Federal Communications Commission Chief Ajit Pai has announced that on December 14, the body will vote to pare back net neutrality rules.
Internet freedom activists and progressive organizations immediately responded to the announcement with a wave of opposition, as was expected.
But more interestingly, in some of the most right-wing and Trump-supporting corners of the internet, there is a rebellion brewing.
Take, for instance, Breitbart News. The popular right-wing website has been a loyal ally to President Donald Trump, perhaps more devoted to his cause than any other.
The article about Pai’s move has 1,117 comments, mostly aghast at the FCC’s plan.
“This is as anti consumer as it gets. All will pay more for less [while] simultaneously enriching corporations as they increasingly control who sees what when and how. This is NOT MAGA. It’s a heist and a hijacking,” writes commenter Dr. Pangloss in the top-voted comment on the thread.
Others, like john05, quickly came to the correct conclusion that this could even help telecommunications companies that are close to the Democratic Party. “Comcast will be laughing all the way to the bank when it gets permission to bias its subscribers’ internet traffic in favor of its own media holdings like MSNBC,” he noted.
“Why is Trump on board with this?” asked commenter STOP! “We need more monopoly-busting (e.g. Goolag. Twitter, Facebook free speech guarantee), not less.”
Julian Assange and Kim Dotcom, tech libertarians whose anti-authority politics drove them toward anti-establishment Trump, broke with the president over the issue. Both are influential within the online Trump community.
Dotcom, in particular, was called out to comment on the move by activist Barrett Brown.
Verizon installed their own net-neutrality assassin to takeover the @FCC to create a multi lane Internet, benefitting only big telcos and not the public. One lane for the poor and one for the rich. @realDonaldTrump made a big mistake appointing this Verizon puppet to run the FCC. https://t.co/0pn8qLgSur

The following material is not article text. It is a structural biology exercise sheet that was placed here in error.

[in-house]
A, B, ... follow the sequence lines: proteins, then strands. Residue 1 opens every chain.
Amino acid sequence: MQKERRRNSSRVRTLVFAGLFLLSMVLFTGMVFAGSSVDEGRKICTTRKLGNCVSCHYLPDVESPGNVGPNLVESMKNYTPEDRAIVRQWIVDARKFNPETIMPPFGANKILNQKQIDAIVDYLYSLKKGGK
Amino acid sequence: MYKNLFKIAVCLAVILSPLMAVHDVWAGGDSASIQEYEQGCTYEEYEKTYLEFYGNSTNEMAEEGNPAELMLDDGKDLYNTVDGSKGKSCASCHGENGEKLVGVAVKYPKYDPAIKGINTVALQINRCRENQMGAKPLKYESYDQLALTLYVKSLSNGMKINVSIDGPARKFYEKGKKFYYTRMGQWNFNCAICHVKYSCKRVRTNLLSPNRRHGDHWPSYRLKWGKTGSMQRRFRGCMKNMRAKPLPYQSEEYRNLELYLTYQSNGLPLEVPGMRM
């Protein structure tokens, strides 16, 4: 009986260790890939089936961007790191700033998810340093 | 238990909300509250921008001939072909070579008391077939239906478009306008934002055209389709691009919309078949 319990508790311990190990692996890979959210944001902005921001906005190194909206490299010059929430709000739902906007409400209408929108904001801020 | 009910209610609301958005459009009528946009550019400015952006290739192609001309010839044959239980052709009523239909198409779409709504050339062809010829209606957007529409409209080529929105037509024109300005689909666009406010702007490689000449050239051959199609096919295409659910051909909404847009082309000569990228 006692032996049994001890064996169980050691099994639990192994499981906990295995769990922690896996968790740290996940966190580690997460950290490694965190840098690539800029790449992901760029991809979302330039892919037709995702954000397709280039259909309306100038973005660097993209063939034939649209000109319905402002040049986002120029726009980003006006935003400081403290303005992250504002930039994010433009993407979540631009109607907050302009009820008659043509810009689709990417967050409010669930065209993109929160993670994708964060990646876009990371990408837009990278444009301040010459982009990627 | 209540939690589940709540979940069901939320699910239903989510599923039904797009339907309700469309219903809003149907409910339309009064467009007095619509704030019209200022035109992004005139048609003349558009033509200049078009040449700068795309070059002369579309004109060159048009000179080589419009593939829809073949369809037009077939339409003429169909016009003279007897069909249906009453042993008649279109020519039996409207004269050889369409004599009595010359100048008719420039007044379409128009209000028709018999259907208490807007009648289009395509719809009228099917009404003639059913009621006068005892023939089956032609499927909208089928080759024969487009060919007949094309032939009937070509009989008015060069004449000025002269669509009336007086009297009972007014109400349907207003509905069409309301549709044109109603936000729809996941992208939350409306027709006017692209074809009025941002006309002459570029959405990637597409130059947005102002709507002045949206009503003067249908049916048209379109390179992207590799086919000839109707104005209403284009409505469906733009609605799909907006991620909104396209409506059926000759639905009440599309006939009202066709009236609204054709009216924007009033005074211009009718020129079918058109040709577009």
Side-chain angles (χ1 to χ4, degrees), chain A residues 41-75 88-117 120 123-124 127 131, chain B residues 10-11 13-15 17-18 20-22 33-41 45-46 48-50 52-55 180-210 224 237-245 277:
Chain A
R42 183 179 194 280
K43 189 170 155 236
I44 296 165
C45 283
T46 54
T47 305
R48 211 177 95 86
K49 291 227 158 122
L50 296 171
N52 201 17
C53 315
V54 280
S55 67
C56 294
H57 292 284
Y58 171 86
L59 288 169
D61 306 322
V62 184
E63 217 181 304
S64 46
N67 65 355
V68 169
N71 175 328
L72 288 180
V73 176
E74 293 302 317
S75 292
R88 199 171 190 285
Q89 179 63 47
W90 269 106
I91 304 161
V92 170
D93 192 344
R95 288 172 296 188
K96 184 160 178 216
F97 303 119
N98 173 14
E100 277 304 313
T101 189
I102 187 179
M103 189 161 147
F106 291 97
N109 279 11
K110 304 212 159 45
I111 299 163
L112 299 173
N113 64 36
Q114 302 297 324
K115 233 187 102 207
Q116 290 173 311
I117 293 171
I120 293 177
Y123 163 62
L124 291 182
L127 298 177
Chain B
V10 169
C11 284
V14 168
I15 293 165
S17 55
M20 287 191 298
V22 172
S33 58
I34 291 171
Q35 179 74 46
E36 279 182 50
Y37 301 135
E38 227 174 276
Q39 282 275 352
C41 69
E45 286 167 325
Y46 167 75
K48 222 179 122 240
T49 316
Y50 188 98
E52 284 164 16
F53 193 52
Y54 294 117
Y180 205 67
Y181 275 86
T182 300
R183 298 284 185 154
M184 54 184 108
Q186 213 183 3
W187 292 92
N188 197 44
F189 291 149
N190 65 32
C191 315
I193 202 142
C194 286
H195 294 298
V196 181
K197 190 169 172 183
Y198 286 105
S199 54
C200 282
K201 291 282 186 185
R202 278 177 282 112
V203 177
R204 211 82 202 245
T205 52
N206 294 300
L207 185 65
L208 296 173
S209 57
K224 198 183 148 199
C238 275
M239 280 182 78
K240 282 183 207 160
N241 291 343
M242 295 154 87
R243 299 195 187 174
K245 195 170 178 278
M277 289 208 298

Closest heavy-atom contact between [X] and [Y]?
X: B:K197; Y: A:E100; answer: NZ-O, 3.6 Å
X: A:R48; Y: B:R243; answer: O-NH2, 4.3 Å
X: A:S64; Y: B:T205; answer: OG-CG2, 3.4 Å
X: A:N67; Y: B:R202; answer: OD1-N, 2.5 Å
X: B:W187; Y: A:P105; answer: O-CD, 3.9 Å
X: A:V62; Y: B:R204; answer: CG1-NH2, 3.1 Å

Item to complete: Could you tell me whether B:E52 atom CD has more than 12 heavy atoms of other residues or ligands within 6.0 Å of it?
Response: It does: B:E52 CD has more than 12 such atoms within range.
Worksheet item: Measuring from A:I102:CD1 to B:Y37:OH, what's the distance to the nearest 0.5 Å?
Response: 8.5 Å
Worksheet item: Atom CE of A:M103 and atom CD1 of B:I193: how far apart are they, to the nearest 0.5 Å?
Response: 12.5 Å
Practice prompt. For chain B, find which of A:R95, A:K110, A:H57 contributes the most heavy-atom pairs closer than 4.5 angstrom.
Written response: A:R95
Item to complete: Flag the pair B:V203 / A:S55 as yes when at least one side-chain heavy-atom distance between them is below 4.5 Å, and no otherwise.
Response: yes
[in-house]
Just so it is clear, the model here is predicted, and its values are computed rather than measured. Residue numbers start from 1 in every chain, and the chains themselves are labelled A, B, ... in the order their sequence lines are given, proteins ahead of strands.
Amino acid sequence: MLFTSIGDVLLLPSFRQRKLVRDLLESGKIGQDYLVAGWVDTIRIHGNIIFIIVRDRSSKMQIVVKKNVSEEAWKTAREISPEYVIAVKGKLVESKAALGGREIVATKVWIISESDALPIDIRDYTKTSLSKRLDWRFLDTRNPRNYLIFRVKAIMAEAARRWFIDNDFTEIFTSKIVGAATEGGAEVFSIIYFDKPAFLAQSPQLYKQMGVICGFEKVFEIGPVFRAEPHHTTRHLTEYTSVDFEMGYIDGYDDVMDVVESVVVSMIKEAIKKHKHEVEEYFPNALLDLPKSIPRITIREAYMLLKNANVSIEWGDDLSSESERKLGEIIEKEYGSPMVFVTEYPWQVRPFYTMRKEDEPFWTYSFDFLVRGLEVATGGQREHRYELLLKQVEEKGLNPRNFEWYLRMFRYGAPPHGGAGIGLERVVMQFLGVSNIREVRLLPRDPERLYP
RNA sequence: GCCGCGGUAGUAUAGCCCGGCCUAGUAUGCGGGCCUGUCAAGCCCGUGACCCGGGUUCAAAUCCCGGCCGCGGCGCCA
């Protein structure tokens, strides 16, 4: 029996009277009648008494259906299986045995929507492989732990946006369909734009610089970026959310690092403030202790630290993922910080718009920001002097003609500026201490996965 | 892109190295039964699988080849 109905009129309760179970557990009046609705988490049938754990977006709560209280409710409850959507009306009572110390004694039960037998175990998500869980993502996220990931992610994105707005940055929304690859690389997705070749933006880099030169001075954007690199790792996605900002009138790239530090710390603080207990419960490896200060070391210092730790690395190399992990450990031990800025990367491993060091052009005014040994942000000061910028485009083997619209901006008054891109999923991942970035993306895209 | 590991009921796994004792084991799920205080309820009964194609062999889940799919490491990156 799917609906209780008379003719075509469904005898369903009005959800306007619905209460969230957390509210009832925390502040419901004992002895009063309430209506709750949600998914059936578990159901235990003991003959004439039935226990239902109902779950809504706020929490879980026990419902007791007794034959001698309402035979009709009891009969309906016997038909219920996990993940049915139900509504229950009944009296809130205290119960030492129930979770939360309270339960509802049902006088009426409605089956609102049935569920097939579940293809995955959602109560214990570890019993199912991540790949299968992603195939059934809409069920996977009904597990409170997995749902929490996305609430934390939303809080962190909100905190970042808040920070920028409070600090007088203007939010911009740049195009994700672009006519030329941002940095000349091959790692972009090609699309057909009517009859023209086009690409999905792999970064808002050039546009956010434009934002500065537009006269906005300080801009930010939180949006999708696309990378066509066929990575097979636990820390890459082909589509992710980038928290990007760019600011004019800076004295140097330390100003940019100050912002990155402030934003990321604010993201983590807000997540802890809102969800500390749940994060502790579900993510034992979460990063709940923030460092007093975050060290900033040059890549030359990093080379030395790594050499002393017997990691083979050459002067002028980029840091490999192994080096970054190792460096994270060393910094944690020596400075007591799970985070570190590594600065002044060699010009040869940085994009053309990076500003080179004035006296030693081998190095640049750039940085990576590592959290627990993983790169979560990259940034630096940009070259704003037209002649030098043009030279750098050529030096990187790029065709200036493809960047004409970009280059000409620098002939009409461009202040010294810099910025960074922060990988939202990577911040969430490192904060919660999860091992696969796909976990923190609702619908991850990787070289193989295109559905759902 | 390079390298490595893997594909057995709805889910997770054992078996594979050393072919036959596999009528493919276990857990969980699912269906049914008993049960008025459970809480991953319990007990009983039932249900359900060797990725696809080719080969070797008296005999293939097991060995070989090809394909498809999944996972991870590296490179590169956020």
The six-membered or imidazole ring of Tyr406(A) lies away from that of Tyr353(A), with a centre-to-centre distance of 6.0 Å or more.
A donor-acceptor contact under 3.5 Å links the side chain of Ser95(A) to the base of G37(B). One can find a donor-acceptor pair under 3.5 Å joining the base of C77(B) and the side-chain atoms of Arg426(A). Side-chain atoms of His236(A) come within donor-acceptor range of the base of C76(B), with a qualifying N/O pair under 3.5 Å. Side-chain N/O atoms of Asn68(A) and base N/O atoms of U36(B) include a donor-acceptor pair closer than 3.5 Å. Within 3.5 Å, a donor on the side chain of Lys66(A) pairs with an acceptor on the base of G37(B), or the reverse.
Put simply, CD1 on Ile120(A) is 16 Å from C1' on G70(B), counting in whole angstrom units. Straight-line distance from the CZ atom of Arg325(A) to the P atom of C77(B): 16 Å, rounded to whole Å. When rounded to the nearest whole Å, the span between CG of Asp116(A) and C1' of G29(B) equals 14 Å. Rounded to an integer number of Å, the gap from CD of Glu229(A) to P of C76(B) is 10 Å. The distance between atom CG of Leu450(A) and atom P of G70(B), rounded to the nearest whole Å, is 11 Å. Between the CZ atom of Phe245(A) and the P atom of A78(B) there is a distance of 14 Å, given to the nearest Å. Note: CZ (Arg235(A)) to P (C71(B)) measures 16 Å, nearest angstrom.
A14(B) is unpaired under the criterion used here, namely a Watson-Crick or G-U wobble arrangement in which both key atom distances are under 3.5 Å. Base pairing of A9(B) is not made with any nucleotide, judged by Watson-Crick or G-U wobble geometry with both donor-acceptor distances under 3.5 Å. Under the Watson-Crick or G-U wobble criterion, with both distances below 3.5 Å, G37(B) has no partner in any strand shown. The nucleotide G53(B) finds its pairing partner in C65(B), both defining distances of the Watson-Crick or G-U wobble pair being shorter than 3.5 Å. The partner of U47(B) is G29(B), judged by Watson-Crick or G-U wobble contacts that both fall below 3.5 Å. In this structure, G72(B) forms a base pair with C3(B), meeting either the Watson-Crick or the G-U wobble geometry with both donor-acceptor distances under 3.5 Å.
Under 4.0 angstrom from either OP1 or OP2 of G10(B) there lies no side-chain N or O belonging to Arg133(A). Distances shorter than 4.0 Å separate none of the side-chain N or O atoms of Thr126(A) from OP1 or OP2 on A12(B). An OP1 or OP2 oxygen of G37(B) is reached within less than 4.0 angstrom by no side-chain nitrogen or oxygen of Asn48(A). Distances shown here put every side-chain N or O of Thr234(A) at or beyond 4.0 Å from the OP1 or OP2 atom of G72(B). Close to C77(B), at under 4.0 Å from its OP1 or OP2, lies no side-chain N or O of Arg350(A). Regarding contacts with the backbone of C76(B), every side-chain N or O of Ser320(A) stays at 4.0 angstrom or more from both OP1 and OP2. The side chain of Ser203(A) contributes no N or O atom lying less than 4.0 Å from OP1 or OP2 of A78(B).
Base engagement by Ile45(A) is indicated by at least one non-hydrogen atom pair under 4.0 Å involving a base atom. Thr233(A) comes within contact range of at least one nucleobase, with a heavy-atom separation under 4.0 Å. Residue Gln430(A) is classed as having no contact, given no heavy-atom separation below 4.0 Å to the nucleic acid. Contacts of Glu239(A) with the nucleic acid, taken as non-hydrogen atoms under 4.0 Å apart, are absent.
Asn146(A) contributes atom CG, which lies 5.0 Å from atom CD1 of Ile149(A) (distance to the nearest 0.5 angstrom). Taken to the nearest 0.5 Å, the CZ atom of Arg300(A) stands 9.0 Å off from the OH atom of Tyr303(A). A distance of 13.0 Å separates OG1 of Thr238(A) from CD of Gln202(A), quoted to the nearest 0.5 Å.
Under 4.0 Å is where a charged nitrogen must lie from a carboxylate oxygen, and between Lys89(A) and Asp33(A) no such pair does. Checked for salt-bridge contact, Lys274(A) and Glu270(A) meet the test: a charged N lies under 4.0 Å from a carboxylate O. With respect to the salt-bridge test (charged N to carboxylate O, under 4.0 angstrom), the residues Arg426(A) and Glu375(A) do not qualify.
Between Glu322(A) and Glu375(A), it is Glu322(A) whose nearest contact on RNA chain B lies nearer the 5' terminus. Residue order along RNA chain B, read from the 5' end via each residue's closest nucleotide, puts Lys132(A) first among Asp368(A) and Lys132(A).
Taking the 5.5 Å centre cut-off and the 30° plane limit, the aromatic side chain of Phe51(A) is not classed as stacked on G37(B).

— Kim Dotcom (@KimDotcom) November 22, 2017
Assange, meanwhile, tried to speak in a language Trump might understand.
Dear @realDonaldTrump: 'net neutrality' of some form is important. Your opponents control most internet companies. Without neutrality they can make your tweets load slowly, CNN load fast and infest everyone's phones with their ads. Careful.
— Defend Assange Campaign (@DefendAssange) November 21, 2017
Over at the Daily Caller, another popular right-wing website, some commenters are taking the same route on articles about net neutrality. “Net neutrality is actually good for everyone. I bleed red and vote red, but I’m not okay with this. Repealing net neutrality gives ISPs all the leverage in the world to wring every last cent out of us,” wrote Frank Danger, who has a picture of Supreme Court Associate Justice Clarence Thomas as their avatar.
Some commenters on popular right-wing internet forum Free Republic agreed. “This is a terrible idea. Ending net neutrality will lead to increased censorship and government/corporate control of the internet,” wrote WatchungEagle.
Over at The Blaze, it was more of the same. “Diehard conservative here but I am REALLY REALLY REALLY against this. This is going to result in the opposite of a free-market. How does anyone think this is a good idea? This is terrible news that results in higher prices for us and less options available. Really disappointed in this,” wrote SpringBreakWoo.
This rebellion is also taking place on Reddit.
The top-voted comment on a thread about Pai’s plan on the popular pro-Donald Trump subreddit “The Donald” is “Damn that’s fucked,” by Phate1989. “We must FIGHT!” HarranGRE says in the second-most top-voted comment.
On the main conservative subreddit, r/conservative, a user asked if other users agreed with eliminating net neutrality. The top-voted comment reads, “If we had actual competition for Internet, I would support it. Because the market would kill it anyway. But we don’t. We have monopolies. So I don’t support it.”
On the NASCAR subreddit, which is not explicitly political but caters to an audience that is very much Red State America, a thread on the attack of net neutrality went above 60,000 points before being closed by moderators. One commenter pointed out this was the all-time top-voted thread in the history of the subreddit.